Conservatories of the World!Published on 12th June 2014
Love it or loathe it, the World Cup is here again, but whether football is a matter of life and death, or more important than even that, at Apropos we like the way that it never fails to bring people together. In homage to that idea, this week we thought that we’d embrace and unite under the banner of our own passion and introduce you to our favourite conservatories of the world… Ok, we know it’s a tenuous link, but stick with us!
Cooled Conservatories, Gardens by the Bay, Singapore – While not a conservatory that most of us could aspire to (although we’d be delighted to help you if you wanted one leading from your kitchen in Kent!), Singapore high-lighted the beauty and versatility of glass architecture in 2012, with the completion of their Cooled Conservatories. The structure, which won the World Building of the Year award at the World Architecture Festival, contains a 35m high waterfall, a ‘clouded forest’ and a planted footprint of more than 10,100 square meters.
Conservatory of Flowers, Golden Gate Park, San Francisco – The oldest conservatory in the western hemisphere, the Conservatory of Flowers was completed in 1878 and has been in constant use ever since. The survivor of several fires and a large earthquake, this is a perfect example of the incredible strength of glass architecture.
Bicentennial Conservatory, Botanical Gardens, Adelaide – Curvilinear in shape, Adelaide’s botanical gardens boasts the largest conservatory in the southern hemisphere. Architecturally, it’s an interesting structure, but its best feature is that it is free to enter and offers visitors the chance to view and conserve threatened plants from the tropical rainforests of northern Australia, Papua New Guinea, Indonesia and the Pacific Islands.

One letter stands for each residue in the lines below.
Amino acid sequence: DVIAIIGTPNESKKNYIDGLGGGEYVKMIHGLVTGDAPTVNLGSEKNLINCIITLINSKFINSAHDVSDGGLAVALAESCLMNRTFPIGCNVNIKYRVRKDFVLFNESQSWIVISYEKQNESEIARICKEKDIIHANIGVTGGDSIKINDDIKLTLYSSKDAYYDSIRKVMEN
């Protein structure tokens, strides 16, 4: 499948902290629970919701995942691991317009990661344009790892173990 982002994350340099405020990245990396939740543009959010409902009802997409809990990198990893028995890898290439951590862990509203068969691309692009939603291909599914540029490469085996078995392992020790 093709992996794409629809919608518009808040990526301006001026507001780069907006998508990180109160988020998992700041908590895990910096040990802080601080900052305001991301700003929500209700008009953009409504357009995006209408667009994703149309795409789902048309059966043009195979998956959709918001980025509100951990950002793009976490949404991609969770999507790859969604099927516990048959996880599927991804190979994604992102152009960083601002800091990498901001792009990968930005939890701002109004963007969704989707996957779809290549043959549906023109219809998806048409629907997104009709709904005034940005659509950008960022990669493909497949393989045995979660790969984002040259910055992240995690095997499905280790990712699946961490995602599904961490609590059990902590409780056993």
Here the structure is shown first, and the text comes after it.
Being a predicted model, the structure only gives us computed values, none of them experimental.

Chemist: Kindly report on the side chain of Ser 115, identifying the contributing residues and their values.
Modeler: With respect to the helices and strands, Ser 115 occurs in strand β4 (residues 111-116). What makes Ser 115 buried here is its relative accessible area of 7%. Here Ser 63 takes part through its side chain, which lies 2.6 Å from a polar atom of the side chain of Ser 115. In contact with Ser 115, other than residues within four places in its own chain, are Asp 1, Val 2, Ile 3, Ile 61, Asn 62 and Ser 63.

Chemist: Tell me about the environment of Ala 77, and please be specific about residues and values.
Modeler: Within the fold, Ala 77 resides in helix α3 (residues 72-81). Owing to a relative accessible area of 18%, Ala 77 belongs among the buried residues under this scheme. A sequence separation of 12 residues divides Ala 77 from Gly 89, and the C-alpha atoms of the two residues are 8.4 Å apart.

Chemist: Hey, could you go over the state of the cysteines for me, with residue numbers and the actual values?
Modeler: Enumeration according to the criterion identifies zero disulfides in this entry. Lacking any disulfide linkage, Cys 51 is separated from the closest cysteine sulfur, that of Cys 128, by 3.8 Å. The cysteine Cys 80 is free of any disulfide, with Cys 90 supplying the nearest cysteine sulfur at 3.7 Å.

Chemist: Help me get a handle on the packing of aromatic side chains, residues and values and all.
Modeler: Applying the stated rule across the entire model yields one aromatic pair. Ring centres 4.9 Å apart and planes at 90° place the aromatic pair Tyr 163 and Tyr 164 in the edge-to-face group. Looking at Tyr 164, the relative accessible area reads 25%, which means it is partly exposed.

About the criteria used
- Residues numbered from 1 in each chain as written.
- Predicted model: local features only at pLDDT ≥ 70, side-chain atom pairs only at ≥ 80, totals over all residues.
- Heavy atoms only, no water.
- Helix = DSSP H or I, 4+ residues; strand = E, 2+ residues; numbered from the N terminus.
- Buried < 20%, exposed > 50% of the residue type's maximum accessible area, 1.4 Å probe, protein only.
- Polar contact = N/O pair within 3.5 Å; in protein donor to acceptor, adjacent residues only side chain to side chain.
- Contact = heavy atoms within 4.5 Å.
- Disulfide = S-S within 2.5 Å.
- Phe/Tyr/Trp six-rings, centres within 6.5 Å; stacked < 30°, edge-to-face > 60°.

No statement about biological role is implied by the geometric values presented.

Kew, London – We have to support one of the home teams, and in the UK Kew is hard to beat. Although there is an immense ‘Princess of Wales Conservatory’ at Kew, the gardens actually boast a number of glass houses, from the frankly stunning Davies Alpine House, to the world’s most important surviving iron and glass structure; the ornately beautiful Palm House.
And finally, after searching desperately for a conservatory in Brazil, we’ve had to admit defeat and instead we will present you with a Brazilian conservatory plant; the Cane-Stemmed Begonia. With deep red-black leaves and delicate flowers, the cane-stemmed begonia is a warmth-loving plant, which thrives in rich, well-drained compost and would be delighted to keep you company as you watch the World Cup… Just be prepared fora clash of loyalties!
For a consultation with one of Apropos’ Design Experts, or just a chat about your World Cup wins and woes, please call: 0800 328 0033 or click here to order a copy of our latest brochure.Return to Blog